A Comcast alumnus, Dannenbaum works with Schreiber on programming-related developments, negotiations and agreements across all platforms.

Dannenbaum spent more than 20 years at Comcast in various roles before forming his own business, Dannenbaum Consulting, in April 2015. He had joined Comcast in 1993 as associate general counsel. He also served as executive VP of Satellite Services Inc., from 2009 to 2014.

Spotlight on Verizon's Ben Grad: Giving the People What They Want

Verizon Fios | Ben Grad
Executive director of content strategy and acquisition

Ben Grad leads Verizon’s companywide content acquisition efforts with major content providers and sports rightsholders, and manages financial and strategic analysis for the telco’s key content-related initiatives. He is responsible for content acquisition and strategy for Fios, including developing Fios’s multiplatform content offering.

Prior to joining Verizon in 2007, Grad was head of strategy at Fuse, where he assessed programming and new business opportunities. Previously, he was a member of Time Warner’s Corporate Strategic Planning Group, where he developed and assessed new digital distribution opportunities for Time Warner divisions. He also negotiated agreements and developed strategy at eLabs, Universal Music Group’s digital group.

Key Leaders: Tricia Lynch, executive director of content strategy and acquisition; Michelle Webb, executive director of content strategy and acquisition

Mediacom Communications | Italia Commisso Weinand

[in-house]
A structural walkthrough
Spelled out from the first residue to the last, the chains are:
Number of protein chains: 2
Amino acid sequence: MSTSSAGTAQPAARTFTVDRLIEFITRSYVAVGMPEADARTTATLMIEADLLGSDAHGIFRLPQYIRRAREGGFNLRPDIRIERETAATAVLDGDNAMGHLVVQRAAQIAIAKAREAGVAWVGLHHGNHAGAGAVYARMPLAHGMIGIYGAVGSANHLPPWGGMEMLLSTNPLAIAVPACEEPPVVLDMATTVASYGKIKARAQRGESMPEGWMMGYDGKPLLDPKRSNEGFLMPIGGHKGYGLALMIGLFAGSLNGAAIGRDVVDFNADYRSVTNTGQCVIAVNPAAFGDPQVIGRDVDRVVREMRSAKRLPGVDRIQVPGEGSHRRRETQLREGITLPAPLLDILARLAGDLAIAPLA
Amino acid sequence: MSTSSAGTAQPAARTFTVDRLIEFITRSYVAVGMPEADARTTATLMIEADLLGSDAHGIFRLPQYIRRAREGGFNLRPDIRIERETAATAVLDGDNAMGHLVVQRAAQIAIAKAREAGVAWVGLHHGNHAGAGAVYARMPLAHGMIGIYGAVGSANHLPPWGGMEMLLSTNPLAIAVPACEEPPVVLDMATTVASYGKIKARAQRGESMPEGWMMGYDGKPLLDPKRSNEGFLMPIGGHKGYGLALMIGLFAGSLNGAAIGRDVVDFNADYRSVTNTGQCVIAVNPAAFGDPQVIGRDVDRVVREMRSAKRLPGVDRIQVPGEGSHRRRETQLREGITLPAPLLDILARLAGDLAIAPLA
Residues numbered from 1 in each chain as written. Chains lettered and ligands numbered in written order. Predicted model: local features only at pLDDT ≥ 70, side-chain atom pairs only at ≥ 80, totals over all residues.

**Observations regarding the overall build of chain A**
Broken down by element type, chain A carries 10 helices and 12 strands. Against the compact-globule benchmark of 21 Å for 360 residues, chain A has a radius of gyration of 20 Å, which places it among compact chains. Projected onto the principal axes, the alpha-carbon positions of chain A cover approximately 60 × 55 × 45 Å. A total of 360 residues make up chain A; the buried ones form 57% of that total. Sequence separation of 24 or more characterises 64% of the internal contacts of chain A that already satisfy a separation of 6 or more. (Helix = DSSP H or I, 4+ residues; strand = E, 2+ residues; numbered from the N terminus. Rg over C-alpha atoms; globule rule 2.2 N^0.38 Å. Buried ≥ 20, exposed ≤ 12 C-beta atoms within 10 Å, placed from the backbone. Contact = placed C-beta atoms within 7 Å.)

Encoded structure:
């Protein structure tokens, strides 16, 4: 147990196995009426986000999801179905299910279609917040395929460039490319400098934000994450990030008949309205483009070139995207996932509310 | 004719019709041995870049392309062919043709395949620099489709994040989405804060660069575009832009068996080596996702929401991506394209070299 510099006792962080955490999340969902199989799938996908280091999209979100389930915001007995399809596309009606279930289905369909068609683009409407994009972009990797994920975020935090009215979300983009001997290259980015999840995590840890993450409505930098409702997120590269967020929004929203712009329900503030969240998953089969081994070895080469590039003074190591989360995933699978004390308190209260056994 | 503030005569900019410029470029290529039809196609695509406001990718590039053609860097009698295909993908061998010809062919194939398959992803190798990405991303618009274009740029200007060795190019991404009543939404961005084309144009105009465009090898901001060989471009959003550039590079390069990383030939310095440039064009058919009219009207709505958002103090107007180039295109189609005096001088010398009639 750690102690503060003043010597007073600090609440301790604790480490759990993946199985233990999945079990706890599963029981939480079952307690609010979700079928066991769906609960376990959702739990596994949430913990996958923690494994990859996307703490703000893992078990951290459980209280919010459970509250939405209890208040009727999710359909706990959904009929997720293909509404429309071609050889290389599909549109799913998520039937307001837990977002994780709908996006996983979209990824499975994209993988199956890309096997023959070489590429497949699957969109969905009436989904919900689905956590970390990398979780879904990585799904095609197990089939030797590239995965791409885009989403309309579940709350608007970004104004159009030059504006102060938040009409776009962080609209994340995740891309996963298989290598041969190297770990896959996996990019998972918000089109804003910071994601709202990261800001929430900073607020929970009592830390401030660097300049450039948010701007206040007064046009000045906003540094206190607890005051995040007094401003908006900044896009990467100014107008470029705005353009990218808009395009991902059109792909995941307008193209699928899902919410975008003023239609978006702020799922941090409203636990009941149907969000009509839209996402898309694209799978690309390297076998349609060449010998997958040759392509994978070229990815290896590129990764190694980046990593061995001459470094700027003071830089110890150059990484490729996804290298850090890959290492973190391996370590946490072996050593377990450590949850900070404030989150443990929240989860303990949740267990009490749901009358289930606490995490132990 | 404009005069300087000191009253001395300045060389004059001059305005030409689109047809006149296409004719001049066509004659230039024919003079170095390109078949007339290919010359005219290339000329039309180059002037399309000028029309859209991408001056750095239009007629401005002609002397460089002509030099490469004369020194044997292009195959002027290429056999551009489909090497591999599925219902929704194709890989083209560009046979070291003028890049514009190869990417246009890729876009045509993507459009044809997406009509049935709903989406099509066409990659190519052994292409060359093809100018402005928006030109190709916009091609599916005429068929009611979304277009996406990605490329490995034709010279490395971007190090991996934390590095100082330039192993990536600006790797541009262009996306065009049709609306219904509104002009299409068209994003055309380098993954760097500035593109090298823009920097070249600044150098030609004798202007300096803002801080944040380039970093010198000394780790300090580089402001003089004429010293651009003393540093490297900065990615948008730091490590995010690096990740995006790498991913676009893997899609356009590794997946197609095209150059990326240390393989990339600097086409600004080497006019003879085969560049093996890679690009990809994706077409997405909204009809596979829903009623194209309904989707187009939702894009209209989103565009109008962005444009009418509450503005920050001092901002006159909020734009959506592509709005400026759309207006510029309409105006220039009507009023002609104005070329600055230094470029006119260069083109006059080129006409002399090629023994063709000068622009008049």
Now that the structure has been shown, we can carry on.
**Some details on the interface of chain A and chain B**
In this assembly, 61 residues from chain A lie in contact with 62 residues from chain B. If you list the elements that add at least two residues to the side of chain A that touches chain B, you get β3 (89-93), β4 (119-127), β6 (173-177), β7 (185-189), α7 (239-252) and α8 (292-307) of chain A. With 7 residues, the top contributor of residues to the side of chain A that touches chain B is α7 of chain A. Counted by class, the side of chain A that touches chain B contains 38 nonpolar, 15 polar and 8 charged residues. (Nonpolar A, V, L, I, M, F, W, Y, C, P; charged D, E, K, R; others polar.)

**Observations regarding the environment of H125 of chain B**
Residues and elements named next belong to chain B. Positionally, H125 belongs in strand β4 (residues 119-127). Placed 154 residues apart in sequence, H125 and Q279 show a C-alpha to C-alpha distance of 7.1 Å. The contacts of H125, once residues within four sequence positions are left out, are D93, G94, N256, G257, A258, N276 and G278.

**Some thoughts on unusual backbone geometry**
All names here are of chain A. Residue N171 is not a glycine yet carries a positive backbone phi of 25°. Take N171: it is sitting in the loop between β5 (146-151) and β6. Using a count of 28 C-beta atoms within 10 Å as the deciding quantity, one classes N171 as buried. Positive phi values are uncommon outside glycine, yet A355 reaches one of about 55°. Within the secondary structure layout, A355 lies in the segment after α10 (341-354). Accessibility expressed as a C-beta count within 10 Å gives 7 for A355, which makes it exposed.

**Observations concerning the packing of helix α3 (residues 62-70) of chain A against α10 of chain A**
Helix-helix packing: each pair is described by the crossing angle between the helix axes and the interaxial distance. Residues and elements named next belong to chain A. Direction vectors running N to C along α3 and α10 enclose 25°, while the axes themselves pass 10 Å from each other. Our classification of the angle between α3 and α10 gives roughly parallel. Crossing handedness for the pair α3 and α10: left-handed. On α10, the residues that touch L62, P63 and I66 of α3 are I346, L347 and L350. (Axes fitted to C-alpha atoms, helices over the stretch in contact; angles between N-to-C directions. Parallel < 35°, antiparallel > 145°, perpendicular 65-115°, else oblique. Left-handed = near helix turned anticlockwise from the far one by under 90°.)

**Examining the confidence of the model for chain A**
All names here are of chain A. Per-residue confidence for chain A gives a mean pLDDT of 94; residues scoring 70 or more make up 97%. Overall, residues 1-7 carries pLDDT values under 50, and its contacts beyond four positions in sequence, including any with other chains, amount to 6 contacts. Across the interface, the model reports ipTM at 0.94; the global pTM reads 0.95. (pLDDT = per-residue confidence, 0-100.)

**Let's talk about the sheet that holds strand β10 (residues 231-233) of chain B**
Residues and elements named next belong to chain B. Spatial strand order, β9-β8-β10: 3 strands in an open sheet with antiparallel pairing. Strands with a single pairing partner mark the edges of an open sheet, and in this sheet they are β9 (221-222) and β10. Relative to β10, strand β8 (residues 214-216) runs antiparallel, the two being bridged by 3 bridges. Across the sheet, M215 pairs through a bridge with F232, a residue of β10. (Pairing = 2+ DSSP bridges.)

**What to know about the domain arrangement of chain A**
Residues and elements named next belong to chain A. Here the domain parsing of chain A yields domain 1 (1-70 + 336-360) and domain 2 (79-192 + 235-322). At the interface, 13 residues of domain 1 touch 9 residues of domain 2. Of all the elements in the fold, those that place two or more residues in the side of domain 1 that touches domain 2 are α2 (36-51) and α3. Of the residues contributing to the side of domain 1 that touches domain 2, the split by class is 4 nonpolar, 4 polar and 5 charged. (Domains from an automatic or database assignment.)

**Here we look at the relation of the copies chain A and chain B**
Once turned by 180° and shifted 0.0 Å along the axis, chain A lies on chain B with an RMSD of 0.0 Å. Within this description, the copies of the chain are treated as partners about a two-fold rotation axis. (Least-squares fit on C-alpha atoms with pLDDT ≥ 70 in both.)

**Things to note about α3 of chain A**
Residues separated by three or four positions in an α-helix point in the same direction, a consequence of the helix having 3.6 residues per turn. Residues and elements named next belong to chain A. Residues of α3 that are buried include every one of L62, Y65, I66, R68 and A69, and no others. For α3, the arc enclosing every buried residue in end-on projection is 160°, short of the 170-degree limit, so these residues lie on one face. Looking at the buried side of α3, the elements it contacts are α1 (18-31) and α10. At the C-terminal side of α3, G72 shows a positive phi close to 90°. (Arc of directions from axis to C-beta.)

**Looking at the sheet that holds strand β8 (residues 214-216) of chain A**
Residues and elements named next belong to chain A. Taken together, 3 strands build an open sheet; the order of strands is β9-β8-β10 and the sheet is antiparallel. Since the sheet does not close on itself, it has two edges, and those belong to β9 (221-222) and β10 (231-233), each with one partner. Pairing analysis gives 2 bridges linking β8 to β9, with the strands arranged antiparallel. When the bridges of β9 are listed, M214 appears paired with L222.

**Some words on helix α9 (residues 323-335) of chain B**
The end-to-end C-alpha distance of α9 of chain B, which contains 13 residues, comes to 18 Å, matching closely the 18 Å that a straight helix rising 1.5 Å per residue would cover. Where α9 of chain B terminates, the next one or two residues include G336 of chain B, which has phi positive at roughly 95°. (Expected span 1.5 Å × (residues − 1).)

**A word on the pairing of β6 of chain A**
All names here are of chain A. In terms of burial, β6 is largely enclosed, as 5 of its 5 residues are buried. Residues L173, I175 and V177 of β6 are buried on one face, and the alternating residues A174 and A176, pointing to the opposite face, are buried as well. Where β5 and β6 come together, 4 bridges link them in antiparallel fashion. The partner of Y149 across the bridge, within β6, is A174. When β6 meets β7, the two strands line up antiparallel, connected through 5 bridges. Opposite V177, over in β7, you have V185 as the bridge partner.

Executive vice president, programming and human resources

With nearly 40 years of experience in the cable industry, Commisso Weinand served stints with Comcast, Tele-Communications Inc., Times-Mirror Cable and Time Warner Inc. before joining her brother’s cable company, Mediacom, in 1996 as VP of Operations. One of the most respected programming executives in the cable industry, she is known for a tough but fair negotiating style and has helped engineer some of the landmark deals in cable, including a 2014 Walt Disney Co. pact that gave Mediacom access to authenticated WATCH and video-on-demand products, the ABC broadcast network and cable channels like SEC Network, ESPN Goal Line and ESPN Buzzer Beater.

Key Lieutenants: Barry Paden, group vice president, programming; Joseph Appio, vice president of programming; Glenn Goldsmith, consultant; John Woods, vice president, advanced programming

National Cable Television Cooperative | Judy Meyka
Executive vice president of programming

It may cater to small operators, but the National Cable Television Cooperative represents nearly as many cable customers as the biggest of the big operators — Comcast — with its 850 members tallying about 20 million subscribers across the country. Meyka, who has served stints at large operators like Media One, AT&T Broadband and Adelphia Communications as well as programmers like iNDemand in her 23 years in the business, is the group’s chief programming negotiator.

That experience helps Meyka bring a new perspective to the organization, and in her time there she has completed deals with multiple major programming partners and secured new agreements with independent programmers and new-to-market content providers.

That can come in handy because although the co-op has negotiating heft, not every member has to sign on to every deal. NCTC members range from larger operators like Cox Communications, with about 4 million customers, to tiny family-owned operations with just a few dozen customers, all with different programming needs.

While pricing continues to be the biggest issue around negotiating time, bundling, online, TV Everywhere and mobile rights have become increasingly important aspects of negotiations for all NCTC members.

That was evident in recent deals with AMC Networks, where NCTC was able to avoid a blackout by hammering out a deal that didn’t force members to carry all six AMC channels on their most popular tiers — and got a more modest price increase.

The programming landscape has changed dramatically in the past several years, with the advent of subscription video-on-demand and over-the-top players further complicating an already convoluted negotiating process.